There’s more in the Mail  

In Features this morning;  Maria Raciti (Uni Sunshine Coast)  on the joined-up education-to-occupation blueprint low SES students want. It’s a new essay in Contributing Editor Sally Kift’s series on what is needed now in teaching and learning.

Plus Merlin Crossley (UNSW)  points out  the positive prejudice when scientists give talks,

And Tim Winkler  lists ten ways to deal with the virus crisis.


Union calls for uni staff virus protection

The National Tertiary Education Union wants a financial vaccination

Late Friday the NTEU national executive called on university managements to “find significant non-staff-related savings to minimise the impact on staff, particularly insecurely employed staff, arising from the impact of the decline in international enrolments,” and to “reassure their staff now that in the event of campus closures all staff will be paid as normal for the duration of the closure, including casuals and those who cannot work from home.”

The union also wants the federal government to, “provide affected universities with relief to their operating budgets in order to minimise the impact on staff, particularly insecurely employed staff.”


La Trobe U asks about international itineraries

The university bans new bookings for March-April trips to China, Iran, Italy, Japan and South Korea

Natalie MacDonald (VP strategy) adds anybody going on private trips to such places need to give their itinerary to LT U in case self-isolation will be needed before returning to work.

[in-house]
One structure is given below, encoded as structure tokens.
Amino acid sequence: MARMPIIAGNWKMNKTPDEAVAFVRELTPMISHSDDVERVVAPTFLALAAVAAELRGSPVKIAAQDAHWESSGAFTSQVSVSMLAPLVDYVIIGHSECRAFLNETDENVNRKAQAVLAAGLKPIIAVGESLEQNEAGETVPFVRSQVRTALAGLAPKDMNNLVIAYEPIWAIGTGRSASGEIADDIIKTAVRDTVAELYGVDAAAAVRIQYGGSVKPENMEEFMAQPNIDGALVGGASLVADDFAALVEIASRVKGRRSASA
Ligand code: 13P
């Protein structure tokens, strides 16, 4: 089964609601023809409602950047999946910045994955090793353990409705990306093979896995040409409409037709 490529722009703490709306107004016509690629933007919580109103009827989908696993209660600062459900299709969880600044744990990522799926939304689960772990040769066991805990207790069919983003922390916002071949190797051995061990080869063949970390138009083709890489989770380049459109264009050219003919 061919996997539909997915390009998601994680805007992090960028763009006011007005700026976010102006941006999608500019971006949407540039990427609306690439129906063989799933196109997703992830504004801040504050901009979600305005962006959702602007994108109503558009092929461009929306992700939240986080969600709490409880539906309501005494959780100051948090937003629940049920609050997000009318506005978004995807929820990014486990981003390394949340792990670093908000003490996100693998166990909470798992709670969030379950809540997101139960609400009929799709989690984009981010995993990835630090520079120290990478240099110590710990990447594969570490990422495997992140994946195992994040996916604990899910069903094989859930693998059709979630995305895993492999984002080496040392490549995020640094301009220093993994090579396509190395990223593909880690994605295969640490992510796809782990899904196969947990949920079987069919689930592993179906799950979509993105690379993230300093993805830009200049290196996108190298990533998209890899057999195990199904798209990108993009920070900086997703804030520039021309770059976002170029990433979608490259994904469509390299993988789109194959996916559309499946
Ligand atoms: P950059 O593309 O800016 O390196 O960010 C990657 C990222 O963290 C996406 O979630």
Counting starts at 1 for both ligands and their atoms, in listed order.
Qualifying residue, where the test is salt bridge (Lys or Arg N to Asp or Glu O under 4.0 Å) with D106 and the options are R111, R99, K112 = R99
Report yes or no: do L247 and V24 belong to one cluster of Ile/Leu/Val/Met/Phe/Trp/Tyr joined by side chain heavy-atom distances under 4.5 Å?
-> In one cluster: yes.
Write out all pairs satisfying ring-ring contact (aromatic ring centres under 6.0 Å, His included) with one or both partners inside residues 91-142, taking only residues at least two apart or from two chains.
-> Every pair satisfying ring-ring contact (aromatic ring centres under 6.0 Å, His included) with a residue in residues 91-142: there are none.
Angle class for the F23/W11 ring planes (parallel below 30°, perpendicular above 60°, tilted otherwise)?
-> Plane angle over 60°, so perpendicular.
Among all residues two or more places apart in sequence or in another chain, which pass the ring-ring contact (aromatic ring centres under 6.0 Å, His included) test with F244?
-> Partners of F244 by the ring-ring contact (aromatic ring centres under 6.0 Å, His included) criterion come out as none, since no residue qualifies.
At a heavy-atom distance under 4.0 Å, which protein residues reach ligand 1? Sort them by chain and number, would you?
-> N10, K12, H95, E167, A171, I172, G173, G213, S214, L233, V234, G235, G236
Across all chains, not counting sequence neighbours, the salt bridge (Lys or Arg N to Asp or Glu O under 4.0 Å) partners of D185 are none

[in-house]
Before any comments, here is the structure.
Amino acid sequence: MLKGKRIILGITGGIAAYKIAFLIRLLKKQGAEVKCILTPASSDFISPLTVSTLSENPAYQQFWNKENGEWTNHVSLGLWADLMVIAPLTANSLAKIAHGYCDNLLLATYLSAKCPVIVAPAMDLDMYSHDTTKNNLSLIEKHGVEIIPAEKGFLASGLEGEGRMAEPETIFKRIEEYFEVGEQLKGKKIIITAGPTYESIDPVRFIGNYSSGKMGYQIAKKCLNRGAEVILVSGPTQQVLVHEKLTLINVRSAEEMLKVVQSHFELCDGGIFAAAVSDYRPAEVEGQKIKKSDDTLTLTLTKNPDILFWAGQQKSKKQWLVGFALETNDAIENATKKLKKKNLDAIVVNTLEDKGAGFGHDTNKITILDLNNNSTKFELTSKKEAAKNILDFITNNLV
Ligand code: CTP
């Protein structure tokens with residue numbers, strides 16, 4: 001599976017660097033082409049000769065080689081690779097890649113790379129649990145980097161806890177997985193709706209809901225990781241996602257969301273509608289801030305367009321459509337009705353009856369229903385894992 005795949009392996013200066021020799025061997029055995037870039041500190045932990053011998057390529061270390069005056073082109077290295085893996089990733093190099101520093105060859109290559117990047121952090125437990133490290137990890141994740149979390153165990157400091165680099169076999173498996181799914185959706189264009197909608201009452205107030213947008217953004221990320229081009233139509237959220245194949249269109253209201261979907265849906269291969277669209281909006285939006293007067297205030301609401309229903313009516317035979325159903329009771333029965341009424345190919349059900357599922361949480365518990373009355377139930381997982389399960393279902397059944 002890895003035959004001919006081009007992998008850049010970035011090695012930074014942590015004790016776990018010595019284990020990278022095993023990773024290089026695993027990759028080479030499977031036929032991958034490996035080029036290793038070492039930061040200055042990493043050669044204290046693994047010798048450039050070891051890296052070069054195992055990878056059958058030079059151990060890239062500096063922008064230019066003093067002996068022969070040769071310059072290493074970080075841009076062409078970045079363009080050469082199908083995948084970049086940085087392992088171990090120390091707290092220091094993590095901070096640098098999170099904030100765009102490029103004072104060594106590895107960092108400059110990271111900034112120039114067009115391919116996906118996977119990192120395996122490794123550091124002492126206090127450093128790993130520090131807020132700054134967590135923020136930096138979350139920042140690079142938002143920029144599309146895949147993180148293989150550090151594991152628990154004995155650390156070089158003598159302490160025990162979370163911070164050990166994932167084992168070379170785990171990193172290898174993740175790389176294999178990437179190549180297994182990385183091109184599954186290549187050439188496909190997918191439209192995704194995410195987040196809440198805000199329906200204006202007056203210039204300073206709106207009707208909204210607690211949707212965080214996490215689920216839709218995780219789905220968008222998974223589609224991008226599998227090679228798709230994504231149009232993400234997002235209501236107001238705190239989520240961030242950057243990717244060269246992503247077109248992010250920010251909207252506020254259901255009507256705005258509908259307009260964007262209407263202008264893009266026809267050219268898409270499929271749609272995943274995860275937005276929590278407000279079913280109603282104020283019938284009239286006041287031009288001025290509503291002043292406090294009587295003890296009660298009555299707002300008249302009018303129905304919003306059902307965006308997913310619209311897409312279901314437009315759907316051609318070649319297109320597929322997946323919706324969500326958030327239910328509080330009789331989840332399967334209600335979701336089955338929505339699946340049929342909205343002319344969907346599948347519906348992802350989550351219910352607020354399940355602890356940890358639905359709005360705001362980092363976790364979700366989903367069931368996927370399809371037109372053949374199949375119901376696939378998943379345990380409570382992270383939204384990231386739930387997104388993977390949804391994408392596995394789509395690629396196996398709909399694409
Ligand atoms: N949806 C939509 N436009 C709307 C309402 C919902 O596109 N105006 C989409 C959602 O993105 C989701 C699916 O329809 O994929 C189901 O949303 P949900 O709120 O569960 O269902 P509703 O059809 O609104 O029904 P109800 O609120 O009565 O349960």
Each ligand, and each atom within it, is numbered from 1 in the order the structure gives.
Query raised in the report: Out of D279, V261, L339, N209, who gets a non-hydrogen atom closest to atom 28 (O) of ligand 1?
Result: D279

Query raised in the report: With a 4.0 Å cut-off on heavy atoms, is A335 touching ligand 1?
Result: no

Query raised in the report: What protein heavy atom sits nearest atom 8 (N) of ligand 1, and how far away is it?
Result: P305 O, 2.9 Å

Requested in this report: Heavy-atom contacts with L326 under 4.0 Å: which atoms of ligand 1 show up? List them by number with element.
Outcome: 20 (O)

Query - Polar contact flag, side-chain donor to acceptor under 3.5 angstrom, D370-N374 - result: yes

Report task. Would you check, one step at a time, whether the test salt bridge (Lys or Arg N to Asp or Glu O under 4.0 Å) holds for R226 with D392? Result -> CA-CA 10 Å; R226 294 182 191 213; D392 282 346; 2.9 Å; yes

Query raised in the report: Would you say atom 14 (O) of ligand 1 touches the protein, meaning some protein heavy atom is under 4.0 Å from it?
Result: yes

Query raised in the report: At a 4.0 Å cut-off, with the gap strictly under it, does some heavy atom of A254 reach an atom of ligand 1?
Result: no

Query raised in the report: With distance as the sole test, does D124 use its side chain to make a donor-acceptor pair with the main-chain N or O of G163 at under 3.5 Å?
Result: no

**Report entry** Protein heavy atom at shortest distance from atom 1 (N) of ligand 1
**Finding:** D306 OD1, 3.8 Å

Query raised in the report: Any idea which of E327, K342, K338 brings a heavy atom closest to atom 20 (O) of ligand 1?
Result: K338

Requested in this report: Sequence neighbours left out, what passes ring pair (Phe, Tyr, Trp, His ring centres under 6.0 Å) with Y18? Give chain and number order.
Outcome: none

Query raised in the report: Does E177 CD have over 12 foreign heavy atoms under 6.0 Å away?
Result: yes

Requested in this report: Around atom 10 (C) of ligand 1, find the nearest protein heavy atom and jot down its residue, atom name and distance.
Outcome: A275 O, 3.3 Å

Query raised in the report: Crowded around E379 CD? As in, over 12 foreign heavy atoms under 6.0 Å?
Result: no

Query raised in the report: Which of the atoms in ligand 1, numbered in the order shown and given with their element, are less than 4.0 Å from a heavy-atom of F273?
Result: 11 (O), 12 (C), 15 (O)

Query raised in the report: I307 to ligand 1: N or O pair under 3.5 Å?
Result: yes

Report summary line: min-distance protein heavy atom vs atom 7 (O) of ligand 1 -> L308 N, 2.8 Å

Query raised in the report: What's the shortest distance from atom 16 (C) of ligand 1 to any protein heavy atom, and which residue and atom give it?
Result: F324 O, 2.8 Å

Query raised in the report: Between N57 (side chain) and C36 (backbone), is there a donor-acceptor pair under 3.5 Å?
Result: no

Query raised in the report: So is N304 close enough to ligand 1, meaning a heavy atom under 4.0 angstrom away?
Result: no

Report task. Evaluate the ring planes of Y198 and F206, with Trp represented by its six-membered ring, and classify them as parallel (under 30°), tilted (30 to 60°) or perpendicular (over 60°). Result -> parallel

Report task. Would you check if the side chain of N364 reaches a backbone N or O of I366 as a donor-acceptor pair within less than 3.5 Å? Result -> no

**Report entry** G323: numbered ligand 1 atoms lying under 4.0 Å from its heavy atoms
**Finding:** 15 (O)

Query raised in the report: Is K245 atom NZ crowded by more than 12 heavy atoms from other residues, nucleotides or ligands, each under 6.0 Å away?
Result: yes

Uni Canberra case for WA court

Simon Hall wants $24 000 damages from the University of Canberra because it said its law degree met the educational requirement to practice in WA. It didn’t.

Mr Hall and the university have been in court over where his case should be heard, in a WA magistrates court or the ACT Civil and Administrative Tribunal. Judge Troy of the WA District Court has found for Mr Hall and the case will be heard in the west.

But how did the university make representations that its degree met the educational requirements for admission to the legal profession in WA?, CMM asked. “As this case is before the courts we have no comment,” Uni Canberra replied.

Now they tell them

Macquarie U has a statement for staff to read as classes start suggesting students who feel crook should not be there – which might be too late.

The university will announce its COVID-19 contingency plan at an “virtual” all-staff meeting today.

No security breaches in ARC projects

If there are more foreign spies in Canberra than you can point a philby at they aren’t after the Australian Research Council

Labor’s Kim Carr asked in Senate Estimates last week how many Australian Research Council funded projects breached the Defence Control Act, (designed to keep our secrets ours) or been investigated. None, an official answered. Which was the same number as when Senator Carr last asked.

But then again if the government is watching for spies in research the ARC may not be the people to ask. Officers told Estimates that they were not asked to work on guidelines for the University Foreign Interference Taskforce.

Good week for James Cook U

The feds are loaning the university $46m for a new student residence

The Northern Australia Infrastructure Facility is stumping up the cash, with JCU kicking-in $7m. The money goes to a 400-bed facility on the Townsville campus.